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There are some flowers that, when you see them blooming, you just have to stop and stare awhile. Maybe snap an Instagram picture or twelve. Dahlias are like that for me.
There are not enough superlatives to describe the way the flowers turn into glowing orbs of color when the sun shines through the petals. Or the sheer delight of taking a garden tour and happening upon a huge dinnerplate dahlia flower that’s as big as my head and blooming at eye level.
You know you’re at the home of a Gardener (with a capital G) when the borders and flowerbeds are filled with dahlias. The plants take a bit of effort to coax into bloom, but they’re worth it.
Dahlias grow from tubers, which are swollen underground stems. They have eyes, which are the stems that grow up and produce flower stalks. Potatoes are tubers, to give you a bit of visual reference. When you see potatoes sprouting in the refrigerator drawer, you’re seeing the eyes grow.
Dahlia tuber clusters look like a strange, upside-down bouquet of sweet potatoes. At the top is the old stalk from the previous year’s growth. Tubers (that look like small sweet potatoes, tapering to a point) hang down from the stalk. The eyes are usually located at the top of the tubers, closest to the old stalk.
You can divide dahlia plants that are more than an year old by cutting apart the tuber clump. Each separated tuber needs to have an eye in order to sprout and grow when planted.
There are some plants that fall into the “not difficult to grow as long as you give them what they want” category. Consider dahlias firmly ensconced right there.
They are not difficult to grow, given the right conditions: warm weather, at least six hours of sun per day, well-drained soil, a diet low in Nitrogen, sturdy support (for larger types), and a winter hibernation period somewhere cool, dark, and dry. (Dahlias will sometimes overwinter in the garden in zones 8 and higher, but they intensely dislike wet feet, and are prone to rot. It’s better to lift and store during the cool season.)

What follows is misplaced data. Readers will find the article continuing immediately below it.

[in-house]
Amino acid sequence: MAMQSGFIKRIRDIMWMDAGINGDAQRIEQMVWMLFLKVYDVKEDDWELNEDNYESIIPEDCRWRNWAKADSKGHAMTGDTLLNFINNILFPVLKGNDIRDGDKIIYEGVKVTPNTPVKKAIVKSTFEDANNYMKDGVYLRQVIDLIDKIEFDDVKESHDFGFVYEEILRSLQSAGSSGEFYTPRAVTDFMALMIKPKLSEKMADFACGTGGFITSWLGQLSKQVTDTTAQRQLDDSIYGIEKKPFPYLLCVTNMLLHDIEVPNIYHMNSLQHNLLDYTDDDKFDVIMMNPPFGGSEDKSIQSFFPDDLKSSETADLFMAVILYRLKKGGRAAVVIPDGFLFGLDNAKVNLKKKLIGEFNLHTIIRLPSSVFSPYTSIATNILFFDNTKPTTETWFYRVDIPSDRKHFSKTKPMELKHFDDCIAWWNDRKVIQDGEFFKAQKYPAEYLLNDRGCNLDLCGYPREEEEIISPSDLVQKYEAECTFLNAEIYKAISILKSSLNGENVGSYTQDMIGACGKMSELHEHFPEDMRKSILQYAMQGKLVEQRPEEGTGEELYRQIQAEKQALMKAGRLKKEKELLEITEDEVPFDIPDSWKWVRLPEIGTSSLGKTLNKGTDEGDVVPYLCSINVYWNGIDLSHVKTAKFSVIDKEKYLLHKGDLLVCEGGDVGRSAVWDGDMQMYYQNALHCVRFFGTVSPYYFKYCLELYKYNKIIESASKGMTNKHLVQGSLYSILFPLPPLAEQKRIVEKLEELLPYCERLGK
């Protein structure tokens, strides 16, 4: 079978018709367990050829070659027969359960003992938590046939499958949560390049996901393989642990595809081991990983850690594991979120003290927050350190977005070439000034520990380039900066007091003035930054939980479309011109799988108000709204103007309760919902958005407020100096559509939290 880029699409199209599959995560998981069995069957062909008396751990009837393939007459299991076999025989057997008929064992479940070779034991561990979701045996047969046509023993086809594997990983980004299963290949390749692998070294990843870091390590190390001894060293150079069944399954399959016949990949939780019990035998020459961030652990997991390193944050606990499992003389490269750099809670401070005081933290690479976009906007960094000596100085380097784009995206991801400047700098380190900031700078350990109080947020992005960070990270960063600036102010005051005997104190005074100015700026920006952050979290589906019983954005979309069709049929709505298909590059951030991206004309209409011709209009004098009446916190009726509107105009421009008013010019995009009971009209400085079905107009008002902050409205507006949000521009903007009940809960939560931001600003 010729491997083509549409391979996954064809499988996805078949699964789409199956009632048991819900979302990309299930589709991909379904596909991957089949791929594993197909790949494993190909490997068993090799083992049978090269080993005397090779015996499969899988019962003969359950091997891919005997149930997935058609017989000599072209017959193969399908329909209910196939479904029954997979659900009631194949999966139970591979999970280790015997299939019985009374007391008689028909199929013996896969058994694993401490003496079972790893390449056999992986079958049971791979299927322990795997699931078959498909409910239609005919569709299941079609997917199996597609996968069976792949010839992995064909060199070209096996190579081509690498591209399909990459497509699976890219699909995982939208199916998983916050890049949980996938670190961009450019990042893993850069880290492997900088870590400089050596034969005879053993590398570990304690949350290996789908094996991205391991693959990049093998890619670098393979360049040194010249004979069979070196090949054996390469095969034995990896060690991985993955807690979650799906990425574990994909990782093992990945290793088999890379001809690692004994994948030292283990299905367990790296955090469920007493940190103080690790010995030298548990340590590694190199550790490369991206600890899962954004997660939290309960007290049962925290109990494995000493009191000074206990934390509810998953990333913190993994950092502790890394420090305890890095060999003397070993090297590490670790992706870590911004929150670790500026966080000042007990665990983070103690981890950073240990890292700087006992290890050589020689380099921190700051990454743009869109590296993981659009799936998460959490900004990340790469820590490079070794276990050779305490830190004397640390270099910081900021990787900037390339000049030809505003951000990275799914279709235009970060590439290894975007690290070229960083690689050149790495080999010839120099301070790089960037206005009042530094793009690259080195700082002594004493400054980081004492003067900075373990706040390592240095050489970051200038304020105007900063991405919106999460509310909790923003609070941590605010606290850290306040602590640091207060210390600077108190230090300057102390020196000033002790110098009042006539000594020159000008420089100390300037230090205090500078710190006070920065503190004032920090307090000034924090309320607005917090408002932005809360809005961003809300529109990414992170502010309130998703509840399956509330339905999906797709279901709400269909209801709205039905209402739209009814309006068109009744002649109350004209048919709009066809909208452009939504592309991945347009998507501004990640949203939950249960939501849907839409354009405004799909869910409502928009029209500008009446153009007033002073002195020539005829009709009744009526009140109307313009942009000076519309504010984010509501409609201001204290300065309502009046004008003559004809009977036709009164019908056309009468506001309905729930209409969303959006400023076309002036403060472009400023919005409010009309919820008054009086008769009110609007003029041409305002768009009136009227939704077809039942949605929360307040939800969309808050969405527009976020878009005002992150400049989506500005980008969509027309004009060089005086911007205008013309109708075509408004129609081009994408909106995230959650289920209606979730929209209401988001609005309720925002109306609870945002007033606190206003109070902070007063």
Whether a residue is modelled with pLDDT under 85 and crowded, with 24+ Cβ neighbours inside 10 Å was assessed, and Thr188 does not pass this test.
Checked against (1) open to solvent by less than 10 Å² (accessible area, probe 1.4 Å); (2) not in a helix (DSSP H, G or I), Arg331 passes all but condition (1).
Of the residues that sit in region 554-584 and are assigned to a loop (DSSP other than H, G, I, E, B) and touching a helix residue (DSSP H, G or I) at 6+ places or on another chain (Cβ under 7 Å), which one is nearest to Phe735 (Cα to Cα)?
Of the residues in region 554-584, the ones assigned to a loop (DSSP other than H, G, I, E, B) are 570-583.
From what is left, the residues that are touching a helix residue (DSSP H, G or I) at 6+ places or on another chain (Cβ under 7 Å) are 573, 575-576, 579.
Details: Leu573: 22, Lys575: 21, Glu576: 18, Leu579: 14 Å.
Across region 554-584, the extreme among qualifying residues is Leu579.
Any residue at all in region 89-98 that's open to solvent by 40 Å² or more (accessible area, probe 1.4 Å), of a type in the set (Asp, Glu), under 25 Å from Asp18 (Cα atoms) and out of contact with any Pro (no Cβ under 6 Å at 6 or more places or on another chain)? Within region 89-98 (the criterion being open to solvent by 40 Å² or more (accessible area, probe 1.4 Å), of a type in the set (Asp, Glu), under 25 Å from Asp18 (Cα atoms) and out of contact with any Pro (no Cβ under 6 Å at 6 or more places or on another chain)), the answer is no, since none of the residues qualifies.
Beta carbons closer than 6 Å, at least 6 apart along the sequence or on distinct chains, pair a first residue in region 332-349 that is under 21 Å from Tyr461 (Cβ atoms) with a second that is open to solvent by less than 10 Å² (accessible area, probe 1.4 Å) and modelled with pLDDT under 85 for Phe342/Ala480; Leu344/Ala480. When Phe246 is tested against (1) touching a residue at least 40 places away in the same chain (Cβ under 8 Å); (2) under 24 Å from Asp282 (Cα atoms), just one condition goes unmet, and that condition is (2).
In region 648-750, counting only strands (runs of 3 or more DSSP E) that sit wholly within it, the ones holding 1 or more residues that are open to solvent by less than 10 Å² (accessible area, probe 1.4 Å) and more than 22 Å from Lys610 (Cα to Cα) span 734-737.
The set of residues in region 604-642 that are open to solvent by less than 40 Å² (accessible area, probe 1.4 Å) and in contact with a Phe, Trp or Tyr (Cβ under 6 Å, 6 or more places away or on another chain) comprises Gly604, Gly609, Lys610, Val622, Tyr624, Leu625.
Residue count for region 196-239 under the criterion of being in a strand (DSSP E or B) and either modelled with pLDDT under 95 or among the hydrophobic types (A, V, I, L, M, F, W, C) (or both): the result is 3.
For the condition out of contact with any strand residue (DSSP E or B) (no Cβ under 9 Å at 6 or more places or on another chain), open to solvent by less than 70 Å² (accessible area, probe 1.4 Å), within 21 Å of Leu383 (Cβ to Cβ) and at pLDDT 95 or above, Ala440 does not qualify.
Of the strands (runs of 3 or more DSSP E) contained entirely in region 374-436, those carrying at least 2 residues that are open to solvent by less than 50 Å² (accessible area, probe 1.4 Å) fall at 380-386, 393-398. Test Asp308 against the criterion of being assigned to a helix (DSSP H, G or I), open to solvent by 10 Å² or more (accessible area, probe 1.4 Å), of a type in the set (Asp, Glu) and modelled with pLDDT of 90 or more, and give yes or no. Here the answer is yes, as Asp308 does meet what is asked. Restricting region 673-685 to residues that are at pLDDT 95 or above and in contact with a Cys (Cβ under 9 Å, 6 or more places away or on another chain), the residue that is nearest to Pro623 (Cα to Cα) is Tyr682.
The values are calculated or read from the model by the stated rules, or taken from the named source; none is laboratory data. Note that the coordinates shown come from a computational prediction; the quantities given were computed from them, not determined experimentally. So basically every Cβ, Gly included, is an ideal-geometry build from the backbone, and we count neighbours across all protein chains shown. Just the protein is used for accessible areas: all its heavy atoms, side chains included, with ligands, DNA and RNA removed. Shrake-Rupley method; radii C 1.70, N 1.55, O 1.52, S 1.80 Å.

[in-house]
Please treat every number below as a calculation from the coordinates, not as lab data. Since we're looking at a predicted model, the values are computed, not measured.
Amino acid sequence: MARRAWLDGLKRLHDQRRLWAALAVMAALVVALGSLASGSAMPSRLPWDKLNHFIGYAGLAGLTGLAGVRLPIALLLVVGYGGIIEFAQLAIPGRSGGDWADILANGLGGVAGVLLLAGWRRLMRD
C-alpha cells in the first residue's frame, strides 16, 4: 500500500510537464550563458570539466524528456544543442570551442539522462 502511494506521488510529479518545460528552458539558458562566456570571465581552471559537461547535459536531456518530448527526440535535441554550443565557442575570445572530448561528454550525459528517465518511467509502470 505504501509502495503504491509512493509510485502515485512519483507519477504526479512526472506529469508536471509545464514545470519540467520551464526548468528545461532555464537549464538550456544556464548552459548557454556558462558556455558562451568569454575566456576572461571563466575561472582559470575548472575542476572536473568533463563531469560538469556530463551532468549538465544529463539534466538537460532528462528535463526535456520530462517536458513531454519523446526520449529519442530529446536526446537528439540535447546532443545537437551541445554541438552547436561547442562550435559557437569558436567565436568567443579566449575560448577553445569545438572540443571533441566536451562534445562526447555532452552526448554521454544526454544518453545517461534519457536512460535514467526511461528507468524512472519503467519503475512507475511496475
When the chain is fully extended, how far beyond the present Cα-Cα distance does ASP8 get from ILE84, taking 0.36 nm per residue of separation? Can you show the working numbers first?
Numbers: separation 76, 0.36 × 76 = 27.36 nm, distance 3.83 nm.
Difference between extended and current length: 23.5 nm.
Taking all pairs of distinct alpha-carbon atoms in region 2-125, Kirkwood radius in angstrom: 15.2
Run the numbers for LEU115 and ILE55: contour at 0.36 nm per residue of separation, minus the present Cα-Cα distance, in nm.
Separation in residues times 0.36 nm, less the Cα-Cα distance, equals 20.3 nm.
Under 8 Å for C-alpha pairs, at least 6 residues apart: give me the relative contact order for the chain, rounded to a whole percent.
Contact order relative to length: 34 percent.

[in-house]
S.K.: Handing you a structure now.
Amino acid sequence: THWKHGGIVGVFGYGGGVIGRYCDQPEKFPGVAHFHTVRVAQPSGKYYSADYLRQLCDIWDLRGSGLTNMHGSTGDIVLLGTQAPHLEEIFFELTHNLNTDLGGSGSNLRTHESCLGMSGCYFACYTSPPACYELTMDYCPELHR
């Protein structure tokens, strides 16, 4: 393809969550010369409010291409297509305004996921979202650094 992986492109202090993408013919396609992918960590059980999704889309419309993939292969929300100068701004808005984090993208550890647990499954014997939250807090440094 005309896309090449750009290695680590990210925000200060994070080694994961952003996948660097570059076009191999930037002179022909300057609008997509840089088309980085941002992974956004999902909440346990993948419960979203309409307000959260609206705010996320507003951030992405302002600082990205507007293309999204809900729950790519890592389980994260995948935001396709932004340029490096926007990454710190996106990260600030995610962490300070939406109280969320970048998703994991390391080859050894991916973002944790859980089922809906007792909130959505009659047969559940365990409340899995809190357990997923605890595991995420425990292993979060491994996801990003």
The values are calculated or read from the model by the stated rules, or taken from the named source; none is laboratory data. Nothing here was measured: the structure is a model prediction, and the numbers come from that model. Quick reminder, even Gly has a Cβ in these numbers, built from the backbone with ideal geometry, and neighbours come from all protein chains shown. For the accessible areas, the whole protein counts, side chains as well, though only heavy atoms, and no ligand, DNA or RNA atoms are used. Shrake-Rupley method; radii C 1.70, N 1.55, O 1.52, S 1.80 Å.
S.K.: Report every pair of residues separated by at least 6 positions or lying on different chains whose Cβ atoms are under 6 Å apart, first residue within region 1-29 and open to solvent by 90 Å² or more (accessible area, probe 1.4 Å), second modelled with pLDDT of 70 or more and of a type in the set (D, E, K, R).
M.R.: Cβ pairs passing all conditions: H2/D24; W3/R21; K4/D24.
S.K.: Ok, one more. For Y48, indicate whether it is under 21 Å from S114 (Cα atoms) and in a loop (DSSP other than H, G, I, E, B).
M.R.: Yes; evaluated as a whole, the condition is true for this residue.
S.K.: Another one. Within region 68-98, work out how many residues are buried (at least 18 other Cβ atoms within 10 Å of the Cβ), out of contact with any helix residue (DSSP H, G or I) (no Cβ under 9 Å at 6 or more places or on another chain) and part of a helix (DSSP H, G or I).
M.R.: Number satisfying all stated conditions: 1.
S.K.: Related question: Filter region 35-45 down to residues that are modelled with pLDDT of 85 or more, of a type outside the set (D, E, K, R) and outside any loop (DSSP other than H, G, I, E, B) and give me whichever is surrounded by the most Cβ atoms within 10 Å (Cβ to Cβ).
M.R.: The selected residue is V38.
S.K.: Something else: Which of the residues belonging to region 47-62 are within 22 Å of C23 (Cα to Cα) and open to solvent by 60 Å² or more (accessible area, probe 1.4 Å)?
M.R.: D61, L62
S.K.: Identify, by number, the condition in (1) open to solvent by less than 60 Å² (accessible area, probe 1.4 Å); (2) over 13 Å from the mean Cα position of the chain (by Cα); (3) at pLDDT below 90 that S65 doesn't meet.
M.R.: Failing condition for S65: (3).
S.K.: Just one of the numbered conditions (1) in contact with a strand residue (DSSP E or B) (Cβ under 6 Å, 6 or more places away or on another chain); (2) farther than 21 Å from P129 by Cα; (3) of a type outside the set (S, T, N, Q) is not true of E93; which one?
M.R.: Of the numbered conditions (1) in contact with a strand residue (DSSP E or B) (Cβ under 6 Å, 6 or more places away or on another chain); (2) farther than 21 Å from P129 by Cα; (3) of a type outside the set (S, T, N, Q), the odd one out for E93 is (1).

Read about how to grow dahlias here.
Dahlias, as a group of plants, are subdivided into smaller categories based on their blooms—much like roses, camellias, daffodils, and tulips. The number of categories or types depends on whether you’re reading a list from the UK (14) or the United States (16).
Unless you decide to grow and show dahlias, memorizing every single classification isn’t necessary. Here are a few of the more common and popular types available for purchase:
Cactus: Flowers are between 4 and 10 inches wide. Petals are tubular with pointy ends. They look like cactus flowers.
Pompom: Small flowers less than 2 inches across. Petals have rounded ends which makes the flowers look like pompoms. There is another category called “ball dahlias” with similar-looking flowers.
Dinnerplate: This is not an official classification of any dahlia society, but it is frequently used to describe plants with huge blooms—the size of dinner plates (between 8-10 inches in diameter). Plants are usually equally large to support such huge flowers with some dinnerplate dahlias topping out at 5 feet.
Other classifications include waterlily, peony, and anemone dahlias, named for their flowers’ resemblance to other types of plants.
It is worth noting that the size of the flower and the eventual size of the plant are not always related. Make sure you have room for the variety you selected to plant.
It is a lot easier to establish a framework of stakes and/or a lattice of stakes and twine for the plants to grow through than to wrestle plants into a support structure.
You’ll plant dahlias outside around the same time you plant tomatoes. If that’s not until late May or early June where you live, start dahlias early by planting them in containers. If you plan to transplant into the garden, you can start several dahlia tubers in 3-4 inch deep trays. Just lay tubers on their sides with the eyes up and cover with 2 inches of soil. Wait until you see new growth breaking through to water. If you want to leave plants in the containers, choose a 12-16 inch diameter container to plant the tubers.
This sounds jargony and difficult, but it isn’t. Flower buds will form in groups of three. Leave the center bud on each stalk and remove the two side buds.
Dahlias make wonderful cut flowers. Snip stems in the morning when the water content of the plants is highest. When you bring flowers inside, re-cut the ends and place the stems in 2-3 inches of hot, but not quite boiling hot, water for an hour. After the hour is up, you can incorporate the stems into your flower arrangement.
Trim off the year’s growth, leaving 2-3 inches of stem to dry. Wash off the soil and allow plants to dry for several days before packing in cardboard boxes between layers of newspaper.
Before you’re ready to plant, you can use a sharp, clean knife to cut a tuber cluster into individual tubers. Look for an eye near the stem and make sure each tuber has an eye. Allow cut tubers to dry for a few days before planting.
About the Author: Katie is a writer, runner, and reader, living in southern coastal North Carolina. Her favorite garden is her "wild flower patch" where something new is always blooming (or taking over).
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Learn How to Grow Dahlias